Creative writing in the heart of the Yorkshire countryside
If you think about it, great literature, storytelling and poetry are simply the right combination of words, all thrown together in the right way. Similarly, the foundation for a great Arvon week comprises the right combination of people, all thrown together in the right way.
The Arvon Foundation
With four centres in remote locations – Lumb Bank in West Yorkshire, Totleigh Barton in Devon, The Hurst in Shropshire and Moniack Mhor in the Highlands of Scotland – the Arvon Foundation welcomes writers all year round for week-long courses. These range from fiction to food writing and from crime fiction to comedy.
I intentionally use the word writers rather than aspiring writers, because although the majority of the delegates on the course I attended this September were as yet unpublished, all had already put pen to paper, or finger to keyboard.
As with other creative pursuits, writing involves a fair amount of soul-baring. While authors usually recommend that you write something that you yourself would like to read, the hope is always that it will resonate with others and the expectation is that you will, at some point, put your work up there to be applauded or booed off stage.
Why book on a creative writing course?
So why were we all there? Although I wouldn’t want to speak for others on the course, the obvious reasons seemed to be a) to learn something, b) to progress our writing and c) to find out if we were any good.
Although I had wanted to go on an Arvon course for 10 years, since a friend had raved about her experience, I hadn’t really known what to expect. By the end of the week, the phrase that kept going through my head was Vinnie Jones’s parting shot in Lock, Stock and Two Smoking Barrels: “It’s been emotional.”
Ted Hughes and Lumb Bank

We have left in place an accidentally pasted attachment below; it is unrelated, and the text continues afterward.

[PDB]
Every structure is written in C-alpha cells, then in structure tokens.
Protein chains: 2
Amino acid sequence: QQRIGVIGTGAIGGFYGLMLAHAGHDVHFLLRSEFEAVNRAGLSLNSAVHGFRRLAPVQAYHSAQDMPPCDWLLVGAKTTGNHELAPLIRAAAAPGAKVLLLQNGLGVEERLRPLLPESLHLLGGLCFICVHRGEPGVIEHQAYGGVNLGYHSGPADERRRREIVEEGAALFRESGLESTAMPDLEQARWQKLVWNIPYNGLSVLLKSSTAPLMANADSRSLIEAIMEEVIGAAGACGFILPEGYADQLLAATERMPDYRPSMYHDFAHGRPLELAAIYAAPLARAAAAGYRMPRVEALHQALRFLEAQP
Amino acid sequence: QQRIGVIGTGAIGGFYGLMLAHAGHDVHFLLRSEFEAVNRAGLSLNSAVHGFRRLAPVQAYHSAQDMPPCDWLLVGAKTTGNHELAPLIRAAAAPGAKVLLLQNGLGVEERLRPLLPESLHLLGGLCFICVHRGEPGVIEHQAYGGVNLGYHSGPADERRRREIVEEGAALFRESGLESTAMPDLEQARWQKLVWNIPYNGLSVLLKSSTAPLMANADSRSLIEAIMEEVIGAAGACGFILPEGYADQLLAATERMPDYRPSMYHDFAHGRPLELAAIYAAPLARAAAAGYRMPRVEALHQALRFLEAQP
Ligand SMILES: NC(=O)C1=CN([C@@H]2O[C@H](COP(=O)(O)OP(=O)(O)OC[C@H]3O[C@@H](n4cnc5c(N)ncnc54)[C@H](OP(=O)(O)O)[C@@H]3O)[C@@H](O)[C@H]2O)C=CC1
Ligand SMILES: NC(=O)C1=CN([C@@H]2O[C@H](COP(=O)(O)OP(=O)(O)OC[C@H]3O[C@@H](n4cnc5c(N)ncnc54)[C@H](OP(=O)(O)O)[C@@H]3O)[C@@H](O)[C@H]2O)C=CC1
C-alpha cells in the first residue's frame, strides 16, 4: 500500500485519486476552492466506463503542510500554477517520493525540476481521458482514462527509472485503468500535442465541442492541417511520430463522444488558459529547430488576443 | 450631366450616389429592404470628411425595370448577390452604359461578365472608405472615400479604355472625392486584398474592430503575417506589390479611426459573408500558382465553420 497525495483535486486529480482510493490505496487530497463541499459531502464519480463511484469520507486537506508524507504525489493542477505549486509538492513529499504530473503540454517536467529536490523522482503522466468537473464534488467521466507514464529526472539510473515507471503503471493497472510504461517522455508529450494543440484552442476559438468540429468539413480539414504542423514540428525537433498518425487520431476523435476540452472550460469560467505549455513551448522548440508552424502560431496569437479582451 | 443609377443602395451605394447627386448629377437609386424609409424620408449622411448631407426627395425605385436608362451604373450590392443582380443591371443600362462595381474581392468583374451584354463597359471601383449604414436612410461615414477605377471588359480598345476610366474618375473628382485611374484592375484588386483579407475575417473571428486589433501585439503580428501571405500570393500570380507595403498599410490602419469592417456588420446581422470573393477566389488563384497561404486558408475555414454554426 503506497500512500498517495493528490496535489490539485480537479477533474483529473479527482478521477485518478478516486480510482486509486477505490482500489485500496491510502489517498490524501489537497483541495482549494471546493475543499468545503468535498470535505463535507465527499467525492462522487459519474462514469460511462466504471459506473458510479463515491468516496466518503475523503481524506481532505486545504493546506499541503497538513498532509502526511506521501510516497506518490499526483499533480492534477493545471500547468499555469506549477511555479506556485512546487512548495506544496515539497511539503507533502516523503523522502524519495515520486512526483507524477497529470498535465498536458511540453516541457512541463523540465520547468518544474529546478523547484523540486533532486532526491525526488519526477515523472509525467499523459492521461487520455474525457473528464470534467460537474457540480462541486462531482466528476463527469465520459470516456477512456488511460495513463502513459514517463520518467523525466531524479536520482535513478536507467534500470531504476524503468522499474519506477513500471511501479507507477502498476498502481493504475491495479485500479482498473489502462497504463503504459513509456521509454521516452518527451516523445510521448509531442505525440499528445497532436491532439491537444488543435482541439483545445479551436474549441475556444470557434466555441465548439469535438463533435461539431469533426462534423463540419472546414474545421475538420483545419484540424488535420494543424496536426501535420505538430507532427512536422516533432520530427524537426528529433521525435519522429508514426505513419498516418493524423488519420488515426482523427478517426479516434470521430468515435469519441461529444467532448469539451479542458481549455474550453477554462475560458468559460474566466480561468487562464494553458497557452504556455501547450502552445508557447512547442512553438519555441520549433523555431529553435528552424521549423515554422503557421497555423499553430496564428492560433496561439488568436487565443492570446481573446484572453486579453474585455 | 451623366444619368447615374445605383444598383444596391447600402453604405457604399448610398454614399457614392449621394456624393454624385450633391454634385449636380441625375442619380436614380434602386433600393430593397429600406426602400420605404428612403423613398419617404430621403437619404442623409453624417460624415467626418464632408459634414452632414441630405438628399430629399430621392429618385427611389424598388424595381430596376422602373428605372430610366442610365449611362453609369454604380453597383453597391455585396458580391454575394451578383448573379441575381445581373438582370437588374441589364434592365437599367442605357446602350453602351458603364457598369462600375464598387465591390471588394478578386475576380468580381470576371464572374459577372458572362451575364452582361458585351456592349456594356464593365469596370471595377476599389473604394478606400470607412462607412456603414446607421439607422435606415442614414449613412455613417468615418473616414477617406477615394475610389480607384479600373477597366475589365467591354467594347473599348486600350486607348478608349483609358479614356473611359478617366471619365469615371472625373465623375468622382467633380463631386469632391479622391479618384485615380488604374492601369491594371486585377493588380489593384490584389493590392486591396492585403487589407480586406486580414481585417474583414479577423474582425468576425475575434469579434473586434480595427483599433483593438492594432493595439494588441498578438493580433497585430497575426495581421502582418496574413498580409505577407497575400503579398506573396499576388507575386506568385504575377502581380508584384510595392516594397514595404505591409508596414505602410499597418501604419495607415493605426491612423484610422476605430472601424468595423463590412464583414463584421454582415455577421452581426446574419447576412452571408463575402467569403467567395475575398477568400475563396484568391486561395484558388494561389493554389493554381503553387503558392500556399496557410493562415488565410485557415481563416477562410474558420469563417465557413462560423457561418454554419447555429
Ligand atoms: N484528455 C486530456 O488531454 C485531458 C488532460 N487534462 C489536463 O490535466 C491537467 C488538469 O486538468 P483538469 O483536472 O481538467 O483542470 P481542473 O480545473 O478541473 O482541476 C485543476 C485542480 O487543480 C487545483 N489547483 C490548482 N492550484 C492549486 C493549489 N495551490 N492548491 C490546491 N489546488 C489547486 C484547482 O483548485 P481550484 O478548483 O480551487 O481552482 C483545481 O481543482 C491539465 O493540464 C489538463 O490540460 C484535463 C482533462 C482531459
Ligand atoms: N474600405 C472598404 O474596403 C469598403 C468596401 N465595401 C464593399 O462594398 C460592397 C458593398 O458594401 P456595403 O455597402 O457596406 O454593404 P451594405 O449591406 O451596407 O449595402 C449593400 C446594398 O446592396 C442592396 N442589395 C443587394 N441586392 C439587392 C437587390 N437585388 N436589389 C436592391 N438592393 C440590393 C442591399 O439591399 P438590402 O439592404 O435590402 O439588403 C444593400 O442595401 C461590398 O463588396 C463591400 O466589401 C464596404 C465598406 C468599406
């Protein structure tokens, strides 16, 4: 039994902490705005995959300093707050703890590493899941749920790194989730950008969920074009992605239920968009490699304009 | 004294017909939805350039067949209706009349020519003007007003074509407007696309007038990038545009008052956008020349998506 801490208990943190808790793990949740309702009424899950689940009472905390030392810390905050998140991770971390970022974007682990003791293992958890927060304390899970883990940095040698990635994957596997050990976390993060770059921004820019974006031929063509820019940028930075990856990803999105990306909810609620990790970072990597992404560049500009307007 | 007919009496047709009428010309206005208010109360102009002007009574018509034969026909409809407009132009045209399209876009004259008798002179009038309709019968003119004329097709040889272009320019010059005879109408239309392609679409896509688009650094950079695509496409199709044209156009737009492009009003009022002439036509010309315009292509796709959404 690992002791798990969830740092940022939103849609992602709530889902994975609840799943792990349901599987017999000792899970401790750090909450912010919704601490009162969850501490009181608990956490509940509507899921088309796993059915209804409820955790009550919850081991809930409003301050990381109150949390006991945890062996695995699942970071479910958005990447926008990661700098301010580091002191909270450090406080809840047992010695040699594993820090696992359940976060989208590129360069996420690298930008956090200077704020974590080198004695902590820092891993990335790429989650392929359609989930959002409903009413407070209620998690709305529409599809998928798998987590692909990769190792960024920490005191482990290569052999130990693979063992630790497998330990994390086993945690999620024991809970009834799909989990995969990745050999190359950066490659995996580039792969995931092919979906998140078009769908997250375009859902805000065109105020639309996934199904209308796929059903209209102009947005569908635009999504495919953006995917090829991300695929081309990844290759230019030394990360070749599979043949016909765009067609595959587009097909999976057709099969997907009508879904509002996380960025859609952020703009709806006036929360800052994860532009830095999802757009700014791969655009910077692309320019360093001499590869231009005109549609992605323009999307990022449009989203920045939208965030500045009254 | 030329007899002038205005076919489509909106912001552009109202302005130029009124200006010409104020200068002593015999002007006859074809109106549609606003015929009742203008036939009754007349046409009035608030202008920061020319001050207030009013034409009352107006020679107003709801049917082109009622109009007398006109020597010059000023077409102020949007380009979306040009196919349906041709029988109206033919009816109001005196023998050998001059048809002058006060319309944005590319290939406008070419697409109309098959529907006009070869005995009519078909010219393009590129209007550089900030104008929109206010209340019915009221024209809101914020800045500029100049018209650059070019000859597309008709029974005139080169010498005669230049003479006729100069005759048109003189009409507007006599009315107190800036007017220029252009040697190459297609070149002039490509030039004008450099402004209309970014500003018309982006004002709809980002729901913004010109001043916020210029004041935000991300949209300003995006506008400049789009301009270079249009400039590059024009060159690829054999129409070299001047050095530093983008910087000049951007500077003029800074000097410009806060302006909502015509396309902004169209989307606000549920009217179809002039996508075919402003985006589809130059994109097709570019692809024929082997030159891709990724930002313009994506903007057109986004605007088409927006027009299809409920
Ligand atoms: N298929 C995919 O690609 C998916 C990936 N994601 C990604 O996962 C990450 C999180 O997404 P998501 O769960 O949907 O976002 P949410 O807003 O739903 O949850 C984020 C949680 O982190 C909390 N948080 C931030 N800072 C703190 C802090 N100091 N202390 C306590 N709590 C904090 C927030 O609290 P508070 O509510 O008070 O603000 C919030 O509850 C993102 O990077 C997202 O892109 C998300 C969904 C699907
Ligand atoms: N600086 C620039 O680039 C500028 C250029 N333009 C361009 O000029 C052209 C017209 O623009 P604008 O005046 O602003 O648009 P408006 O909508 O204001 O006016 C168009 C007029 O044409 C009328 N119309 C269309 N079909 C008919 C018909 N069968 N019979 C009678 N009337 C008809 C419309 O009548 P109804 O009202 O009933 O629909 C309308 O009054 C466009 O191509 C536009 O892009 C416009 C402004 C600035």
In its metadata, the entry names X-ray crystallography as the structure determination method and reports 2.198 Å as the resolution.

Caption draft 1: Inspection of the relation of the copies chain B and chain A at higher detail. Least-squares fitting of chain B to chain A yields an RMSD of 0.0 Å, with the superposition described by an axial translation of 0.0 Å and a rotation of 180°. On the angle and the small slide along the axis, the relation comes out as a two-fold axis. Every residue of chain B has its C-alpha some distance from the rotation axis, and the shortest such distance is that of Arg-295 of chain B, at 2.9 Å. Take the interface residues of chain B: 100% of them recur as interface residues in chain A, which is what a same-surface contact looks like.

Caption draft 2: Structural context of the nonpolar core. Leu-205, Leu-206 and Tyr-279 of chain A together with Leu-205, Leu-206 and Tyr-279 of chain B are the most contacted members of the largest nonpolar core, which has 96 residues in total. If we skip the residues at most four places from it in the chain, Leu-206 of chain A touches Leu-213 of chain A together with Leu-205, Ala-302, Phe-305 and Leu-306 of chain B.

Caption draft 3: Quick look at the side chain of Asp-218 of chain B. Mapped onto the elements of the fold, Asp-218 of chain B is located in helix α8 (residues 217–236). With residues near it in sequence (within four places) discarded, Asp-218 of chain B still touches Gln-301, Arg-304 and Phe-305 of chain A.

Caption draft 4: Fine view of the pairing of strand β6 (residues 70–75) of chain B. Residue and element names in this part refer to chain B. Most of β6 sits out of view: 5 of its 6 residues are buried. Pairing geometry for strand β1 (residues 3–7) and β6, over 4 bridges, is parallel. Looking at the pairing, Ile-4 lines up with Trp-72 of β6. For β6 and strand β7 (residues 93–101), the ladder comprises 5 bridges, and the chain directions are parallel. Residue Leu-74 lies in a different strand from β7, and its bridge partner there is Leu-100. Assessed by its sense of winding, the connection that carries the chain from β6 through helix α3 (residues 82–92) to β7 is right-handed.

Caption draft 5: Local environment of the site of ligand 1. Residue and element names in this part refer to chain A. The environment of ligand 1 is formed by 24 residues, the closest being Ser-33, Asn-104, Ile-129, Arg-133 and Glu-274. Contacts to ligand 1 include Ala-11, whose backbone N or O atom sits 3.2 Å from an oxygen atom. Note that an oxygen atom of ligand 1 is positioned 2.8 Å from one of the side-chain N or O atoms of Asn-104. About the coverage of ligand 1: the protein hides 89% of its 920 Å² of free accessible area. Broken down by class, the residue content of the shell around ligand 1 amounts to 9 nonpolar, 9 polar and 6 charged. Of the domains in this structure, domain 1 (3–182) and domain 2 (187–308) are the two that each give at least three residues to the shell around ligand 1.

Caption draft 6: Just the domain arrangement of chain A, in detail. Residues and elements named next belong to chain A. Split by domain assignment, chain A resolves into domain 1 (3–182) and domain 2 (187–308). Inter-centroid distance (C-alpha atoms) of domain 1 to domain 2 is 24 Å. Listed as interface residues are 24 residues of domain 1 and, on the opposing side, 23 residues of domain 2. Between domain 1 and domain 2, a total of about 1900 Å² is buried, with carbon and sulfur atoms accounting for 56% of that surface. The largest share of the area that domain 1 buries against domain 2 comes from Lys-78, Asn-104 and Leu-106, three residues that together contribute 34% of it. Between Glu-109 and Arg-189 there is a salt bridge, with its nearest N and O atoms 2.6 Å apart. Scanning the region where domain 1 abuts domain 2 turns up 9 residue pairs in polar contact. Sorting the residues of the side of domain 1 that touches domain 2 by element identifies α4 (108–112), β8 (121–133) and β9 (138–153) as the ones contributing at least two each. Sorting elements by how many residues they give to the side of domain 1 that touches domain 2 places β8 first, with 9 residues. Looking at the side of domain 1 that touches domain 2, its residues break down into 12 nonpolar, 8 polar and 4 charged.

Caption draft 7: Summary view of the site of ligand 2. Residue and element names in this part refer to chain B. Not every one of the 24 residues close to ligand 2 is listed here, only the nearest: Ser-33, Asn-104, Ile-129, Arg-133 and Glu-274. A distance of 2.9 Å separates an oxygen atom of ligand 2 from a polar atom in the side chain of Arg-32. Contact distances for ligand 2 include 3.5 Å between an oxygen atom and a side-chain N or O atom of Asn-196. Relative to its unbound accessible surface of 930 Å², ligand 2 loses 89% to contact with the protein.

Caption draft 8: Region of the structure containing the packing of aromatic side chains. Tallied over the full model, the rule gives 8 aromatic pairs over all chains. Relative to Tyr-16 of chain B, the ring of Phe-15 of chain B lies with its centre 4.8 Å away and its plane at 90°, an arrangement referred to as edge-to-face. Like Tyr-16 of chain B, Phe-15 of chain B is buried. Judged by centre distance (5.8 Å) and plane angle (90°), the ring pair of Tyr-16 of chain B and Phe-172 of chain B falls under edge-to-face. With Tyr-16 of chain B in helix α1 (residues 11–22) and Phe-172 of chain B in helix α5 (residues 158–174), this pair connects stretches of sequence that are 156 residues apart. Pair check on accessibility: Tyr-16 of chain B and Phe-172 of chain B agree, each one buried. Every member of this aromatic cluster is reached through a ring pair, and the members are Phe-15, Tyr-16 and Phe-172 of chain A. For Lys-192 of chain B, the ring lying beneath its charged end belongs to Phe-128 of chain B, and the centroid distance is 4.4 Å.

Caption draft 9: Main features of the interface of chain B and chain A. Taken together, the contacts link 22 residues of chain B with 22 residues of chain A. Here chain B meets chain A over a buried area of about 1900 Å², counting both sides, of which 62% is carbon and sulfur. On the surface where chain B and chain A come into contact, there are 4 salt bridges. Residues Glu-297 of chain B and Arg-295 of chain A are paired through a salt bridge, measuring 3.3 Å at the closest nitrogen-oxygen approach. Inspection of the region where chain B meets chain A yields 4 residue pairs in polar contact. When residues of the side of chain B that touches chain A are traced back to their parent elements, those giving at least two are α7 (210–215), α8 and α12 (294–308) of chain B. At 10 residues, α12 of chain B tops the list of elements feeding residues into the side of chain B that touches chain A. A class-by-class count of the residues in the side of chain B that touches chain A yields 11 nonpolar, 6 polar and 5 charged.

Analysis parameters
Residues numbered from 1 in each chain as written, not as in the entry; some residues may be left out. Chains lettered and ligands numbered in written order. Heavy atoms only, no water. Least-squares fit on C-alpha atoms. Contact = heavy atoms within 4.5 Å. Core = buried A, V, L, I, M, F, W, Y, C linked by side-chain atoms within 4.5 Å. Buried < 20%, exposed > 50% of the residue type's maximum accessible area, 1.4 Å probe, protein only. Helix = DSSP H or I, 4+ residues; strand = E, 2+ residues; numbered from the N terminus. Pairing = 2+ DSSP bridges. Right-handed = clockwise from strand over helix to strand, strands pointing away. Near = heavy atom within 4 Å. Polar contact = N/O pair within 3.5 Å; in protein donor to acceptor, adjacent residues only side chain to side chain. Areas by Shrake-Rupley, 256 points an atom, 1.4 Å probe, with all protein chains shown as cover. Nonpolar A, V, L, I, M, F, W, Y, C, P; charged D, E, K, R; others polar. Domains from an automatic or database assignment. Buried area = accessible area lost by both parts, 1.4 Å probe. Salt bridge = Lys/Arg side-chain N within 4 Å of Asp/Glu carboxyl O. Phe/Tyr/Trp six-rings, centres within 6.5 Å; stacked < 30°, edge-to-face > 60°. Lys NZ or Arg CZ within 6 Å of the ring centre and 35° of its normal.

Part of the reason for this was adapting to living in close quarters with 14 other delegates and two tutors. Staying in the same location (Ted Hughes’s former home, Lumb Bank); cooking and eating together; attending workshops and carrying out exercises together; and, of course, chatting and socialising with the other members of the group.
Whatever chance brought this particular group together in this particular place at this particular time, something just seemed to click. People were fun, friendly and interesting, despite the potentially pressure cooker environment. On the night we read our work out to the group – the part of the week feared by most – the atmosphere was welcoming and supportive.
The tutors, novelist Morag Joss and novelist and poet Kei Miller (with Roopa Farooki as the visiting speaker), helped create the supportive and encouraging environment needed and the workshops provided both inspiration and genuinely helpful tools for the elements of creative writing, from character and dialogue to structure.
More than that, the tutors felt very much part of the group and, on the final night, when we sat up drinking wine and telling stories, I don’t believe I was the only one thinking: couldn’t we please have just one more day?
Progressing your writing abilities
If you ask me did Arvon help me progress my writing abilities, then the answer is without doubt, yes. It also helped me regain confidence in my work, through feedback from the tutors, and gave me renewed energy to complete a project I’ve been working on.
The fact that I also struggled at times – with my work, with the workshops (especially writing to order in front of other people), with where I fitted into the group – was, in the end, what made the week so rewarding.
As any good storyteller will know, without struggle, without conflict, there is probably no story to tell.
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